Do you have to reveal your house is haunted before selling?

Atmosphere and Props and Sets from Disney's "The Haunted Mansion" Film at El Capitan Theatre "Haunted Mansion" Hollywood (Photo by Barry King/WireImage)

Lots of factors can wreck your home sale: wrong price, bad decorating, poor marketing and postponed maintenance.  But there is one condition that’s a sure show stopper: when the house you are trying to sell is a true "haunted house."

So, who ya gonna call?  Well, we put out a call to our own Fox 5 Real Estate expert, John Adams to give us the facts.

Q:  John, is this a joke?  I mean, yes, it's Halloween, but is this a real thing in residential real estate?

A:  Yes, it is a very real thing.  And if your house is, in fact, "spook central," you’d better disclose that fact to a buyer in writing.

Georgia is a "caveat emptor" state, which means that buyers are responsible for doing their own due diligence on a property before purchasing it. Sellers are not required to disclose any information about the property that is readily observable to a buyer upon inspection.

So unless your apparition is visible and slimes the buyer during a visit to your home, it’s just smart to stipulate that it is, to the best of your knowledge, haunted.

However, there are some exceptions to this rule. For example, sellers are required to disclose any known material defects in the property, such as structural problems, mold, or water damage. Sellers must also disclose any known environmental hazards, such as lead paint or asbestos.

Q:  So, what about haunted houses? Are sellers required to disclose that their house is haunted?

The answer is complicated. 

There is no specific law in Georgia that requires sellers to disclose paranormal activity. However, there is a general rule that sellers must disclose any information that could negatively impact the value of the property. 

This means that if a seller knows that their house is haunted and believes that this information could negatively affect the sale price, they should disclose it to the buyer in writing.

In fact, there have been a few cases in Georgia where buyers have sued sellers for failing to disclose paranormal activity. 

In one case, a buyer sued a seller after discovering that the house they had purchased was haunted by a ghost. The buyer alleged that the seller had known about the ghost and had failed to disclose this information to them. The court ruled in favor of the buyer and awarded them damages.

So, while sellers are not legally required to disclose paranormal activity, it is generally a good idea to do so. If a buyer finds out after the sale that the house is haunted, they may be able to sue the seller for fraud.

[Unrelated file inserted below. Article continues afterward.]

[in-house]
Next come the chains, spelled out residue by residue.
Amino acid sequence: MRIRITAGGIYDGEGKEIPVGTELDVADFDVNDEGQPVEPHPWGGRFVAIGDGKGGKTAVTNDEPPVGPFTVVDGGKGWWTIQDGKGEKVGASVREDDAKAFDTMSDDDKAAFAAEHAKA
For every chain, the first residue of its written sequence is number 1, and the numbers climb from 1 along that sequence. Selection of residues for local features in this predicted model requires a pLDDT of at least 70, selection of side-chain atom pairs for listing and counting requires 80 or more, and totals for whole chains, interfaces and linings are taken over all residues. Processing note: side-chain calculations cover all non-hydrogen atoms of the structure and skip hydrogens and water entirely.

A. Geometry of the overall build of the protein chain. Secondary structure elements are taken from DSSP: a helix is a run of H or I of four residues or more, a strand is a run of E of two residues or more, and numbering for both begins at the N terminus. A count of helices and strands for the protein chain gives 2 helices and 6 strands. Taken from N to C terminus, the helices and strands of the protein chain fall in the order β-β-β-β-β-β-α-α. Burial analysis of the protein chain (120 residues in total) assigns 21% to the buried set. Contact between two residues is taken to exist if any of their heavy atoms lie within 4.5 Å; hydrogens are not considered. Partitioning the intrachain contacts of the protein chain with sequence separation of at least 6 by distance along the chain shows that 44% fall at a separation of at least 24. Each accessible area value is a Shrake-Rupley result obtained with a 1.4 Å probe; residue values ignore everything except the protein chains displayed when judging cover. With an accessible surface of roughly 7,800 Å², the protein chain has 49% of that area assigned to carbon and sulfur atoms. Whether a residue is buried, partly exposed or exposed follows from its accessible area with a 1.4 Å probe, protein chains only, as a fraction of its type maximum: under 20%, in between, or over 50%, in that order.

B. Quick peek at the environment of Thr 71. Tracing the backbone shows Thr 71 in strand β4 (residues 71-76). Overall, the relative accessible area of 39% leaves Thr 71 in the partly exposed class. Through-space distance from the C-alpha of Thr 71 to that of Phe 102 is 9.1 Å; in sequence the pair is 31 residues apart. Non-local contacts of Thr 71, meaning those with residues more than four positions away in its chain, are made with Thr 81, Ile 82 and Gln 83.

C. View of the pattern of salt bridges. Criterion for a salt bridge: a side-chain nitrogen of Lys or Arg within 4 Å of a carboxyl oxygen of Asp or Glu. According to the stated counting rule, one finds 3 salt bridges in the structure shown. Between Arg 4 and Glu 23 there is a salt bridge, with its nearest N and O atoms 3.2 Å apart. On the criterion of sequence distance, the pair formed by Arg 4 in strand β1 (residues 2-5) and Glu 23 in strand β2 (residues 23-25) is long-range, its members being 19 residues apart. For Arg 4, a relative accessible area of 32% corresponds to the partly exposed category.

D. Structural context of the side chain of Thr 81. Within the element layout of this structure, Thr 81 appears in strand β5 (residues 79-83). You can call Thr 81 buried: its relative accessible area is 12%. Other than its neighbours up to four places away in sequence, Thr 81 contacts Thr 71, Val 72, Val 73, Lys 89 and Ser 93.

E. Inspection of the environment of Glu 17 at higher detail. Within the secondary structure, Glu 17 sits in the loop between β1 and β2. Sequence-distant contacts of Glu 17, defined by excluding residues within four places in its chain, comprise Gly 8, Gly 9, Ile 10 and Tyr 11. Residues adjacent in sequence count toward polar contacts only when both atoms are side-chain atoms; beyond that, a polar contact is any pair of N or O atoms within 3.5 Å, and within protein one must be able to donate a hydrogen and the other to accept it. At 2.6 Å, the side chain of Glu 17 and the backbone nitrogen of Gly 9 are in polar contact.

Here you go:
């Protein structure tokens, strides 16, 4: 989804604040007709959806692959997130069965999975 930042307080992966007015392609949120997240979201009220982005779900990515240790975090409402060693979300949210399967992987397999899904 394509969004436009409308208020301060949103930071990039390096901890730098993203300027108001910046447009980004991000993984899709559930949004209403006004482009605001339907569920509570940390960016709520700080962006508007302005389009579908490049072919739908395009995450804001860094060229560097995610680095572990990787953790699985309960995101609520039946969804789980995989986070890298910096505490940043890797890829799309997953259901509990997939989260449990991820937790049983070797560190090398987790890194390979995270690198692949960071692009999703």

Q:  What should sellers do?

If you are selling a house in Georgia that you believe is haunted, there are a few things you can do to protect yourself:

  • Disclose the paranormal activity to the buyer in writing. This could be done in the purchase agreement or in a separate disclosure statement.
  • Be honest about the extent of the paranormal activity. If you have only heard rumors about the haunting, tell the buyer that. If you have seen goblins or been slimed  yourself, tell the buyer about your experience.
  • Offer the buyer the opportunity to have the house inspected for paranormal activity. Let them call in a psychic, a paranormal investigator, or even a religious leader.
  • Be willing to negotiate the sale price. Some people may be willing to buy a haunted house for a reduced price.

 Q:  What should buyers do?

 If you’re the buyer and you’re concerned that the house might be haunted:

  • Ask the seller if they suspect or know about any paranormal activity in the house.
  • Have the house inspected for paranormal activity by a psychic, a paranormal investigator, or a religious leader.
  • Talk to the neighbors to see if they have experienced any paranormal activity.
  • Be prepared to walk away from the sale if you are "spooked" at the ghosts & goblins in the house.


 The more a seller discloses to a buyer, the less likelihood there is of that seller getting sued later for fraud.  But technically, sellers are not required to disclose suspected paranormal activity when selling a house in Georgia.  My bottom line is this: it is generally a good idea for sellers to disclose any information that could affect the value of the property, including paranormal activity. Buyers should also be aware of the potential for paranormal activity in any house they are considering, and should take steps to protect themselves.

If your house is haunted, or if you even believe in ghosts, join the LIVE CHAT with John on the Fox5 Atlanta Facebook page for the next hour.  John will answer all questions related to real estate, not just ghosts & goblins.


Atlanta native John Adams has been a real estate broker and investor in residential real estate for the past four decades, and has seen the market go up and down and back up.  He hosts "The Real Estate Coffee Break" every Saturday at 11am on the world wide web at John believes that, for most Americans, the best investment they will ever make is their own home.  

John Adams will be here for the next hour to answer all your real estate questions on our Fox5 Atlanta Facebook Page. He is happy to field all real estate questions, not just those related to today’s topic.